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Why digital process automation is now essential to BPM

The increased speed of application development has made automation in BPM a necessity. Learn about digital process automation and how it can help businesses meet that need.

Attitudes and technologies around business process management have changed, particularly because of industrywide shifts from monolithic, legacy platforms and a tightened relationship between BPM and rapid application development. This shift caused the analyst firm Forrester to coin the term digital process automation as a way to describe the suite of capabilities that will be essential to any BPM strategy going forward. And according to experts, two technology developments -- robotic process automation and AI -- will play a critical role in the future of BPM.

Changing attitudes toward BPM

The term BPM has suffered from the perception that it inhibits innovation, according to Rob Koplowitz, senior analyst with Forrester. This is a characteristic that cannot survive in a time where rapid software deployment has become a priority for many businesses, he said, and this has pushed Forrester to create new terminology around BPM.

"Internal-facing and process apps are increasingly being deployed very quickly," Koplowitz explained. "As such, Forrester has adopted the term digital process automation."

Industry experts also believe it is time for enterprise architects to let go of an outdated focus on BPM and focus on business value instead.

"Cloud, SOA [service-oriented architecture] and other software services should not be based on BPM, but [rather on] capabilities," said William Ulrich, president of TSG, an IT consultancy. "This is a consensus view among leading architects. If you keep using BPM to drive cloud strategy [or] AI, you will [hit a] dead end."

One of these key capabilities is automation, which is where robotic process automation (RPA) and AI step into the BPM picture.

The promise of RPA                                        

RPA is emerging as a strong BPM technology, according to Paul Gaynor, partner at PwC. In fact, RPA resembles the screen-scrapers developers used many years ago, he said.

"We have moved beyond the simplistic nature of process toward using a higher degree of automation," Gaynor said.

Part of the interest in RPA stems from the need for enterprises to keep up with new regulations and government mandates, Gaynor explained. As a result, enterprises are looking at how to both limit human intervention and address those regulatory requirements.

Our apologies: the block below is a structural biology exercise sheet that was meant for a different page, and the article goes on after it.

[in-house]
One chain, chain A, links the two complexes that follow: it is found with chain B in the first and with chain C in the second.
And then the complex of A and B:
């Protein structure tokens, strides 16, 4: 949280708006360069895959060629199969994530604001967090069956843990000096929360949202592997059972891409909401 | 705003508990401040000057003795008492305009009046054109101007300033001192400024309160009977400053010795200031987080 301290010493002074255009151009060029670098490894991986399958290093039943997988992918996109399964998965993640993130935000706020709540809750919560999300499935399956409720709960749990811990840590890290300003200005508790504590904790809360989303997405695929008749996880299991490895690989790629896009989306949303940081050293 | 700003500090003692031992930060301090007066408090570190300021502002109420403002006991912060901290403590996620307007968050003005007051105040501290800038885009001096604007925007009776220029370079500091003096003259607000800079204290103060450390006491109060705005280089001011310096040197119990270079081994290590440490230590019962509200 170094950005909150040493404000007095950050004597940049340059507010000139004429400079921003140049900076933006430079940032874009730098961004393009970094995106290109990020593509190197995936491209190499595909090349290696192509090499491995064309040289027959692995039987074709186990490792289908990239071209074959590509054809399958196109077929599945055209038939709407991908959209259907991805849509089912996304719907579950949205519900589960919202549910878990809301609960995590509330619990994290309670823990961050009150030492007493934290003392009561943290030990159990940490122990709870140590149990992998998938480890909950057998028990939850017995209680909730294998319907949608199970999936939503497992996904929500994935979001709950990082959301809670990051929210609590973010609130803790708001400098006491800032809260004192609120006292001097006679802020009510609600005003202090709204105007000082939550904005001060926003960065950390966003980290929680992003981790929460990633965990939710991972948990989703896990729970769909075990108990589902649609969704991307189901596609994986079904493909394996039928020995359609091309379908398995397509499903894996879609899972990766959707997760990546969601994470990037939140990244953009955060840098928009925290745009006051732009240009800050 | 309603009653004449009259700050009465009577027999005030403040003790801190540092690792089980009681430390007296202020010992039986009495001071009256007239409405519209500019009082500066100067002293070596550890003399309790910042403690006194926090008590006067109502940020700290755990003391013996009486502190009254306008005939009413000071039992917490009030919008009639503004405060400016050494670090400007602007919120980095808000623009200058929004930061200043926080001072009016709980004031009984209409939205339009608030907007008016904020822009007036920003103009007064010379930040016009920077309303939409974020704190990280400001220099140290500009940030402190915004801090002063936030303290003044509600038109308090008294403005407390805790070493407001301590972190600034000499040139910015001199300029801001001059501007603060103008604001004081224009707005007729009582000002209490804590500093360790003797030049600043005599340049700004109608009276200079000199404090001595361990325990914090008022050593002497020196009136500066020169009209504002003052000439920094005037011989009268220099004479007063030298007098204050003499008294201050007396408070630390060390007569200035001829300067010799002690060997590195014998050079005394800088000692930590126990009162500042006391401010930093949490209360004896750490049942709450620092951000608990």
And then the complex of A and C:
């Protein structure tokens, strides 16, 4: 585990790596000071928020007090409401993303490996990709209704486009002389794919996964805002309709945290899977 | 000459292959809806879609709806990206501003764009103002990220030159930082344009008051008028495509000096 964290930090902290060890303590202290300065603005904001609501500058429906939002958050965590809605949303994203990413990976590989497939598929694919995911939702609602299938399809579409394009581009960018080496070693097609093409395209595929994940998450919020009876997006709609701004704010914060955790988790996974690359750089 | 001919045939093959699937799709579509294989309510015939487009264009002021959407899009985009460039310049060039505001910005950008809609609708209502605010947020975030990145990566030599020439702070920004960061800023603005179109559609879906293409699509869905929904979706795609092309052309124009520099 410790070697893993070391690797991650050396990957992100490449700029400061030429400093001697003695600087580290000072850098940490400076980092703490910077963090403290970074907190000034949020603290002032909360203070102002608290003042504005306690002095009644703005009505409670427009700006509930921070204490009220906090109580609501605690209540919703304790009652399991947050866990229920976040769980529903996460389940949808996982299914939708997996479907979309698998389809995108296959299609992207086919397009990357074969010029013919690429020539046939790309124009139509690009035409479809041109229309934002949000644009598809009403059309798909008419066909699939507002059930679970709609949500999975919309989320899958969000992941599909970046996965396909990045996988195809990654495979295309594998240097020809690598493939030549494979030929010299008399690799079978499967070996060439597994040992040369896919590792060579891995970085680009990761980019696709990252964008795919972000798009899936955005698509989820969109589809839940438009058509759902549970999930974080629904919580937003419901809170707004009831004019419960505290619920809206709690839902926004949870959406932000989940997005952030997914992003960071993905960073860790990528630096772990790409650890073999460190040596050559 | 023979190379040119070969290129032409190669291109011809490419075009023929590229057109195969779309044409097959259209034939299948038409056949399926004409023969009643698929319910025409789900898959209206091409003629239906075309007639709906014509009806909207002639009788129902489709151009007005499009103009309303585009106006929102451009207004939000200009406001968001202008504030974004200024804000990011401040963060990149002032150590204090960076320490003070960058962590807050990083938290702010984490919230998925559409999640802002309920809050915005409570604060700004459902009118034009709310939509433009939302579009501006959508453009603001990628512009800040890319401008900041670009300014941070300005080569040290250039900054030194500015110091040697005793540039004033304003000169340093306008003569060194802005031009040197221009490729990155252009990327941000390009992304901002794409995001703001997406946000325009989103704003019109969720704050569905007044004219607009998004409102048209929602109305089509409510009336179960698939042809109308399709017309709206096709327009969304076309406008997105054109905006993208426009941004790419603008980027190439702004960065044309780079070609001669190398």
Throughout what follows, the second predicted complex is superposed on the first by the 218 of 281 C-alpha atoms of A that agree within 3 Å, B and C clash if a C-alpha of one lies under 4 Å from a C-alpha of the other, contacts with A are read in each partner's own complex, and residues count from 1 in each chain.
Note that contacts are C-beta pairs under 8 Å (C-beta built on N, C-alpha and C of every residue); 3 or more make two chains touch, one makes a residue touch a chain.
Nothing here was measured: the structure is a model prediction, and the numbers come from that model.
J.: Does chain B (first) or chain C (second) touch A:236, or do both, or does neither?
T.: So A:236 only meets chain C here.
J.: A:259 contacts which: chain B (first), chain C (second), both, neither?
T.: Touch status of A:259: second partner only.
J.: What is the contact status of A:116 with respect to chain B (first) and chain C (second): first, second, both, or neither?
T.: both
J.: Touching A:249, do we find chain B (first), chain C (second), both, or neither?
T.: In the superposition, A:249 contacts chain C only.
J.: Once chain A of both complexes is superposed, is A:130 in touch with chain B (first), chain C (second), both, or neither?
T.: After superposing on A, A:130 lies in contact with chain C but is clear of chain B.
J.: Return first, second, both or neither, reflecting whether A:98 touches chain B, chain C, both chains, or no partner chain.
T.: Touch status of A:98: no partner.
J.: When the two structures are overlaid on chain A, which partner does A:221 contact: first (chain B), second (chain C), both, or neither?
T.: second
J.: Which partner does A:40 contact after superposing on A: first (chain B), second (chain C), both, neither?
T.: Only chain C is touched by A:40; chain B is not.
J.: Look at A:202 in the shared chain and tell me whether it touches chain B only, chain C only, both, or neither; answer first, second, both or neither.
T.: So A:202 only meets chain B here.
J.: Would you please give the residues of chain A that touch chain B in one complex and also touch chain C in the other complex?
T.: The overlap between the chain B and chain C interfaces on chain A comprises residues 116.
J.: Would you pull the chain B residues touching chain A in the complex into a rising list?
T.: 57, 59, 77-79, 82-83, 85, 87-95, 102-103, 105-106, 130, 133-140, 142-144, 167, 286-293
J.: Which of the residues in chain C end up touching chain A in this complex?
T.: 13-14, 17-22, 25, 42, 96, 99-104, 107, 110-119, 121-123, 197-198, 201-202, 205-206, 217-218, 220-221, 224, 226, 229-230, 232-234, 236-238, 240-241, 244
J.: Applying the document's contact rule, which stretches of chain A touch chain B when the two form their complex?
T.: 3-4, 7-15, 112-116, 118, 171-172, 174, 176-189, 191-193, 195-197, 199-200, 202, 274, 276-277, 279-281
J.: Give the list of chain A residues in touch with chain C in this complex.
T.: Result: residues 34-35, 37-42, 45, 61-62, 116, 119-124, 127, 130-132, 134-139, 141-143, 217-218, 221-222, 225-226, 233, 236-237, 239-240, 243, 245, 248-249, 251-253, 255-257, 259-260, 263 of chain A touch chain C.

"We see robotic process automation and the term bots as the precursor to the landscape of intelligent process automation," he explained.

In the short run, bots have tremendous promise, Gaynor said, because they can enable enterprises to create an integration tier between legacy apps and new cloud services.

RPA and cloud integration

Gaynor said that the cloud also plays a large role for organizations that want to increase agility, unlock data and get the data into an environment that enables more predictability, both from a usability and cost perspective.

"The cloud offers an intelligence layer that allows big data scans to take place at a more achievable compute cost," he said.

RPA can help companies automate many existing processes, Gaynor explained. RPA can also make it easier to implement integration patterns that are not always baked into more modern cloud applications. Many enterprise business processes depend on providing stakeholders the right answers at the right time, he added, and RPA can help organizations get answers faster.

"Enterprises have a set of stakeholders that includes employees, customers and regulators looking for an answer," Gaynor said. "The faster you can provide that answer, the better the experience you can provide them."

AI drives digital processes

Another trend that industry experts say will shape the BPM market in the coming year is the development and implementation of AI software. This technology enables organizations to automate more of their business processes and improve the efficiency of their organizations, according to Jeff Kaplan, managing director at THINKstrategies, an IT consultancy.

"Ironically, the biggest challenge facing organizations will be developing and implementing the right AI and machine learning solutions to achieve their corporate objectives," Kaplan said. "Therefore, enterprise architects will be key players in overcoming these challenges and enabling their organizations to capitalize on the latest AI and machine learning innovations."

There is also increased interest in new interfaces, such as voice, for interacting with processes, Forrester's Koplowitz said. In some instances, this could be a matter of convenience, such as a user updating an address through a device like Alexa.

"The more interesting use cases involve new work patterns as with a field salesperson accessing critical content through a voice interface, delivered to a screen device, without the need to stop working with his or her hands to drive the screen," Koplowitz said.

Organizations can also use AI to improve application development workflows, Koplowitz explained.

"The last major pattern we've researched is the application of the AI to optimize the performance of the application itself," he said. "For example, rather than just applying analytics to a process, could the system start to determine root causes of issues and adjust accordingly?"

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